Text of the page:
new-york

Shirin Neshat

Gladstone Gallery | West 21st St

In producing a body of work inspired by and named after Shahrnush Parsipur’s experimental novel about five women’s experiences in 1950s Iran, Women Without Men (1989), Shirin Neshat continues in the vein of her series of photographs “Women of Allah,” 1993–97. Using high-production-value film, video, and photography, the artist here makes visual the author’s exploration of the intersection of gender and ideology. But Neshat parts ways with an earlier generation of feminist artists that includes Barbara Kruger and Cindy Sherman in that her work does not seek to disidentify in the interest of unmooring ideological givens, but rather reifies—mythifies, even—traditional identity by locating it at the level of the flesh.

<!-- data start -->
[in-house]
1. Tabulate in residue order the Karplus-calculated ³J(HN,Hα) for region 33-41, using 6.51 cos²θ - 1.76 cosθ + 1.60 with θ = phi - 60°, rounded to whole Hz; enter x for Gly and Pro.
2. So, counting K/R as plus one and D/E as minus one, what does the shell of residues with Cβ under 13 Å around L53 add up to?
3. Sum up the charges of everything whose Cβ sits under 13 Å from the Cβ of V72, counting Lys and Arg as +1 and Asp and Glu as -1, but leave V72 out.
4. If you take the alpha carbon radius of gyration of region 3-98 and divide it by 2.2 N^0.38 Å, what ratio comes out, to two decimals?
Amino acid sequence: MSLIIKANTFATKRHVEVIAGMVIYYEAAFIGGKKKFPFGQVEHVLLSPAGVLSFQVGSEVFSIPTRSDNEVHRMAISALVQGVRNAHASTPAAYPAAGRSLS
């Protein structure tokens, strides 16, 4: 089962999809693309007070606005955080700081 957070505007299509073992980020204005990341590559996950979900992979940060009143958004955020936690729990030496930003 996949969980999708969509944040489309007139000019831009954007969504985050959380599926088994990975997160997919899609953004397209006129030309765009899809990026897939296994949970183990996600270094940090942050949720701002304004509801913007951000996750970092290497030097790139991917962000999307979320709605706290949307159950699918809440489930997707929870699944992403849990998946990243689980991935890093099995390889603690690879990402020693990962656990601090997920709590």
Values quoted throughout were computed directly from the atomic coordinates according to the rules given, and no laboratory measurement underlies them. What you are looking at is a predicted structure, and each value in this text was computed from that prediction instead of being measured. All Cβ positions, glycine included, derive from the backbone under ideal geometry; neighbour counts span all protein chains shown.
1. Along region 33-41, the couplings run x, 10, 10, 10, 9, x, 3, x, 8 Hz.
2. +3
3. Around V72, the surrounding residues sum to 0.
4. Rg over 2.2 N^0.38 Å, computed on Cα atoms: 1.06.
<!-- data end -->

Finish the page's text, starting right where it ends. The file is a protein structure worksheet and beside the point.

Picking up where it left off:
“Women of Allah” shows Farsi text literally inscribed over faces characterized by ethnic specificity. Neshat uses her own face, coded as post-1979 Iranian by black chador and

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